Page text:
“High Commander.”

            Kah’len turned.

            Three generals strode down the long hallway towards where he stood. They were directly responsible for leading the invading force, so Kah’len had reached out his hand in friendship to the three and had found them receptive to his overtures. They were strapping, handsome men, the youngest a decade older than Kah’len. He found it endearing how they had taken him under their wing like he was a callow lad. He had divested them of their delusions about his abilities quickly enough in the practice yards.

            He smiled at them. “Well met, gentlemen. Shouldn’t you be resting in the high hour?”

            Otar Kathus grimaced. “There is no rest for us, High Commander. You well know this.”

            Kah’len shook his head. “I know no such thing. Your sergeants are capable enough to lead in your absence.”

            Reahn Gal’li snorted. “Those inveni? No. At least, not mine. He is lazy and shifty, that one.”

            Nhove Viu laughed. “You and your sergeant! You don’t like him because he disagrees with every order you give him.”

            Kah’len sobered. “Is this true?”

            Reahn Gal’li put up a hand. “No! Damn you, Nhove!” He looked earnestly at Kah’len. “He is young and brash and full of ideas. He thinks he is incapable of making mistakes, so he argues passionately with me, but, in the end, I get my way.”

            Kah’len frowned. “You’d best get your way, else it’s insubordination!”

            Otar thrust his arm through Kah’len’s. “Speaking of sergeants, how is Gair Sech working for you?”

            “He’s young and green but he minds well enough,” Kah’len replied.

            “Good, good,” Otar replied and steered Kah’len towards the commissary. “Join us for a meal. Knowing you, you have not supped as yet.”

            Kah’len gave a rueful chuckle. “How well you know me. I was visiting my family.”

            “Oh, if I was of royal blood,” Reahn murmured. “I would court that mother of yours! She is delectable.”

            Kah’len’s cheeks burned. He was shocked that anyone would speak of his mother like that, but soldiers had their ways. “I’m glad you think so.”

            “You’ve embarrassed him,” Nhove chortled. “That’s something to see–an embarrassed soldier!”

            The three laughed as they steered Kah’len to the commissary, where they sat at a long table near the door. Otar and Reahn went to fetch their meals while Kah’len and Nhove remained behind.

            Nhove sighed. “Forgive Reahn’s words about your mother. He is just a filthy dosi, that one, thinking only with his kauon.”

            Kah’len raised an eyebrow. “And you don’t? Think with your kauon, I mean.”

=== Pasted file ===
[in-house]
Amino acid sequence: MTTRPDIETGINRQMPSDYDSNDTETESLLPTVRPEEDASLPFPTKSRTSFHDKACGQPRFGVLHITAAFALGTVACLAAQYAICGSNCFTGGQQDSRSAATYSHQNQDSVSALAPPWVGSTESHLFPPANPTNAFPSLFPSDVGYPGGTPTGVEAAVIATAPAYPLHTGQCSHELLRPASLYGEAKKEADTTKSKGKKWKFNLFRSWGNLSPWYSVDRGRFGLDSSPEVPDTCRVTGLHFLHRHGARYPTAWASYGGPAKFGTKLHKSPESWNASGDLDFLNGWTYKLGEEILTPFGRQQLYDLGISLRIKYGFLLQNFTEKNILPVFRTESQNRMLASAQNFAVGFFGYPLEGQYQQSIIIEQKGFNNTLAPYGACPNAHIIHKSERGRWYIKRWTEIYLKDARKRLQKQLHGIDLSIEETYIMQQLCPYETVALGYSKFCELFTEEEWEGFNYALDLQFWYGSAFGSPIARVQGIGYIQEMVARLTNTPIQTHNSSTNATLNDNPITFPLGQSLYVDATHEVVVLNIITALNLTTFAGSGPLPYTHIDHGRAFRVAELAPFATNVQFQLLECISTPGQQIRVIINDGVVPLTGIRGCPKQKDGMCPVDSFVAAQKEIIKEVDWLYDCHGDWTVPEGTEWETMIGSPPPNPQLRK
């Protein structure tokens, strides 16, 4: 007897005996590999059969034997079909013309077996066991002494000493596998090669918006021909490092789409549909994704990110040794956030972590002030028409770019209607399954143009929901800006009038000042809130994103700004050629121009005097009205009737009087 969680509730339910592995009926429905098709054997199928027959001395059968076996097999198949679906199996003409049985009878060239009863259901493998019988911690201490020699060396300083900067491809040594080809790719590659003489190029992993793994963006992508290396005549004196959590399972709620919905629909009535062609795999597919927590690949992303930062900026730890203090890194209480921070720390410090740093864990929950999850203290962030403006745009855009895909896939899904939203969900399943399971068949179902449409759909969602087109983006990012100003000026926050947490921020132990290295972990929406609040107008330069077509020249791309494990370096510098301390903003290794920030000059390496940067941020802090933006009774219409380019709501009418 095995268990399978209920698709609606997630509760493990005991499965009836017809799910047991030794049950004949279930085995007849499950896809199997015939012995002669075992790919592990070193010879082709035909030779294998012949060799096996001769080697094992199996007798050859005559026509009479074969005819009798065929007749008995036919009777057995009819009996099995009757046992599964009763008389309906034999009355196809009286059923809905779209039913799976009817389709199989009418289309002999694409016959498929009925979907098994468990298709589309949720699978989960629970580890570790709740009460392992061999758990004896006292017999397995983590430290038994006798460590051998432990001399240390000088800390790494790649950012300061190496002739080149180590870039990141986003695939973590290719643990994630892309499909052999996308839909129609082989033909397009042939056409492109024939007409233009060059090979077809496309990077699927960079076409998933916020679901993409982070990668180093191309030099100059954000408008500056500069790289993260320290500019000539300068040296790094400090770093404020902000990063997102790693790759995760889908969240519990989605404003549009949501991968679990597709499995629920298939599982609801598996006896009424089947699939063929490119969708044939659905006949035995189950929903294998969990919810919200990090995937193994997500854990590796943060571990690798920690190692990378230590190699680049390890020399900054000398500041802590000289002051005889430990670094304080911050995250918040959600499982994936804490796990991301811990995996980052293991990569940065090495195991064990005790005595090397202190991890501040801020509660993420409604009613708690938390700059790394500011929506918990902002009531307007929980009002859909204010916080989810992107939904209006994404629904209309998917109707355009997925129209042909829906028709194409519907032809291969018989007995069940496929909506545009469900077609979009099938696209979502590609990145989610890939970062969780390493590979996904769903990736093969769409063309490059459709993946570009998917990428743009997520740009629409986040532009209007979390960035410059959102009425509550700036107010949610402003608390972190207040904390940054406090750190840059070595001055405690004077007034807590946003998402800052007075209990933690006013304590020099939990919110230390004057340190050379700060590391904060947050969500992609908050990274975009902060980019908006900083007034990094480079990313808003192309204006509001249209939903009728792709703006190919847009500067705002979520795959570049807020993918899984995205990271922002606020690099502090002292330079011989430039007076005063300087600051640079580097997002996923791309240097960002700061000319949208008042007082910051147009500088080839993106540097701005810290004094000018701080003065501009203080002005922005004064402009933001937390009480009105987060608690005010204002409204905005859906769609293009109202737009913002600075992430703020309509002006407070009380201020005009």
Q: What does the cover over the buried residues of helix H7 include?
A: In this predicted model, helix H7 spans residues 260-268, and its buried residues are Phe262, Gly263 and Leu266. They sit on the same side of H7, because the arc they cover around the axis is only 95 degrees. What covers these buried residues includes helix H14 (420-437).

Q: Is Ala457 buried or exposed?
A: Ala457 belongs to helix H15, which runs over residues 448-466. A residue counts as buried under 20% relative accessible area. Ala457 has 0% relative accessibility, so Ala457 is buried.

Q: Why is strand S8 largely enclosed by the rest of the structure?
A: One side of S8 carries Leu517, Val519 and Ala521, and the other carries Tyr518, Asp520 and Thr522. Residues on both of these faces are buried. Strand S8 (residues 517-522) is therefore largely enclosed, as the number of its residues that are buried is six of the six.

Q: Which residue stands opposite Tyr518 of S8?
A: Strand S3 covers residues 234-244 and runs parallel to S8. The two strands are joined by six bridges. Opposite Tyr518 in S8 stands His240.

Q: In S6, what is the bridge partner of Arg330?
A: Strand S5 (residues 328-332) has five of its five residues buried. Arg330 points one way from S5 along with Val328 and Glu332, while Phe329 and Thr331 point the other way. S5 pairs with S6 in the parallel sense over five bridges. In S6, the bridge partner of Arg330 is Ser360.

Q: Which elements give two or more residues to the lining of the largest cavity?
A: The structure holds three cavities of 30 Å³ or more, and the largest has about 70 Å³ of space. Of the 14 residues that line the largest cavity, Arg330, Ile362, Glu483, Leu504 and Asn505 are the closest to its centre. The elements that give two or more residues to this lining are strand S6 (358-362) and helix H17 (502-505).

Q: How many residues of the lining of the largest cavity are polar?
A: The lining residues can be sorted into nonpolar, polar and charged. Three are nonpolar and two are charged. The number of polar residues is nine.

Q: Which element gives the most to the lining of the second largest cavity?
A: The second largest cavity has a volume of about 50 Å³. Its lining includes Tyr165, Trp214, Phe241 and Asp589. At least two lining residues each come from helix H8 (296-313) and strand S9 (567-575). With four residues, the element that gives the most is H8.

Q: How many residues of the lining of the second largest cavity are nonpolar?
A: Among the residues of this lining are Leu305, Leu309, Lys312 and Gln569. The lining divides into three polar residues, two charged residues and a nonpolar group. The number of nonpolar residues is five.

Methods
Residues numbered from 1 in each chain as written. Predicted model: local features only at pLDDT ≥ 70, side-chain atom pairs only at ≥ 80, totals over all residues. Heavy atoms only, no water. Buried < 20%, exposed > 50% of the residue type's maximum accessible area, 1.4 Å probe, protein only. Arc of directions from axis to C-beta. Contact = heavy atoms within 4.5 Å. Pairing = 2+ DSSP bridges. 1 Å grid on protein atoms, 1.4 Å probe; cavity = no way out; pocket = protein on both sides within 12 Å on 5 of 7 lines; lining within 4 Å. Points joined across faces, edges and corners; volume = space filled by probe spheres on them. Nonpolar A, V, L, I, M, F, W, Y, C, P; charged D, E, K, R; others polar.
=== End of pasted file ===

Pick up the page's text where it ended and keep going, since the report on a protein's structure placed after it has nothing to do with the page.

Nhove chuckled. “All men do, don’t we? I lean towards men myself, if you ken me.” He leaned both forearms on the table and gave Kah’len a sharp glance.

            “You’ve heard of my predilections?”

            Nhove smiled. “I’ve been tracking your exploits for years, Kah’len Ys’teis-Thalmar. You are a hero here in Tjish.un. The Queen’s own nephew makes Warlord of North Torahn at the tender age of 15?”

            Kah’len leaned forward. “And how did you figure I am atoliy?”

            Nhove shrugged and sat back. “No marriage, even though you were with one woman for a long time. You bedded women indiscriminately but never more than once. None ever captured your attention. It takes one to know one, High Commander.”

            “Do Otar and Reahn know about you?”

            Nhove nodded. “They don’t care. It’s different here, High Commander. In Tisj.un women are respected, as are atoliy of any gender. I told Reahn and Otar of my suspicions and was told it doesn’t matter who you bed, as long as you shine as a commander.” He sighed. “And now you have to marry the Princess Sjanita. She is beautiful and intelligent, but the fruit does not fall far from the tree.”

            “Meaning?”

            “She is as ambitious and shrewd as her mother, despite her tender age. I’d watch my back, High Commander. Women of clan Thalmar don’t like secondary roles.”

            “I’ll remember that,” Kah’len said and sighed. “It never ends.”

            Nhove grinned strong white teeth. “Not for the powerful, my friend. Not for the powerful.”

            Later that evening, Kah’len was summoned by Princess Sjanita to her apartment. Kah’len, who had been expecting the summons, bathed and dressed with care and left his two isili with an order that they retire for the evening, for Kah’len had an inkling he would be gone for hours.

            He made his way through the early evening gloom down the military complex to the religious complex, where he turned north, the ziggurat at his back. He could see the torchlights of priests making their way up the ramp to the temple at the apex of the structure. The palace walls were lit by guards carrying oil lamps along the ramparts. The gates were closed. Four guards stood on the outside of the gates and called halt as he approached.

            The head guard held up his oil lamp. “High Commander. It’s late.”

            “I’ve been summoned.”

            “Yes, sir,” the guard said. “Use this door next to the gates.”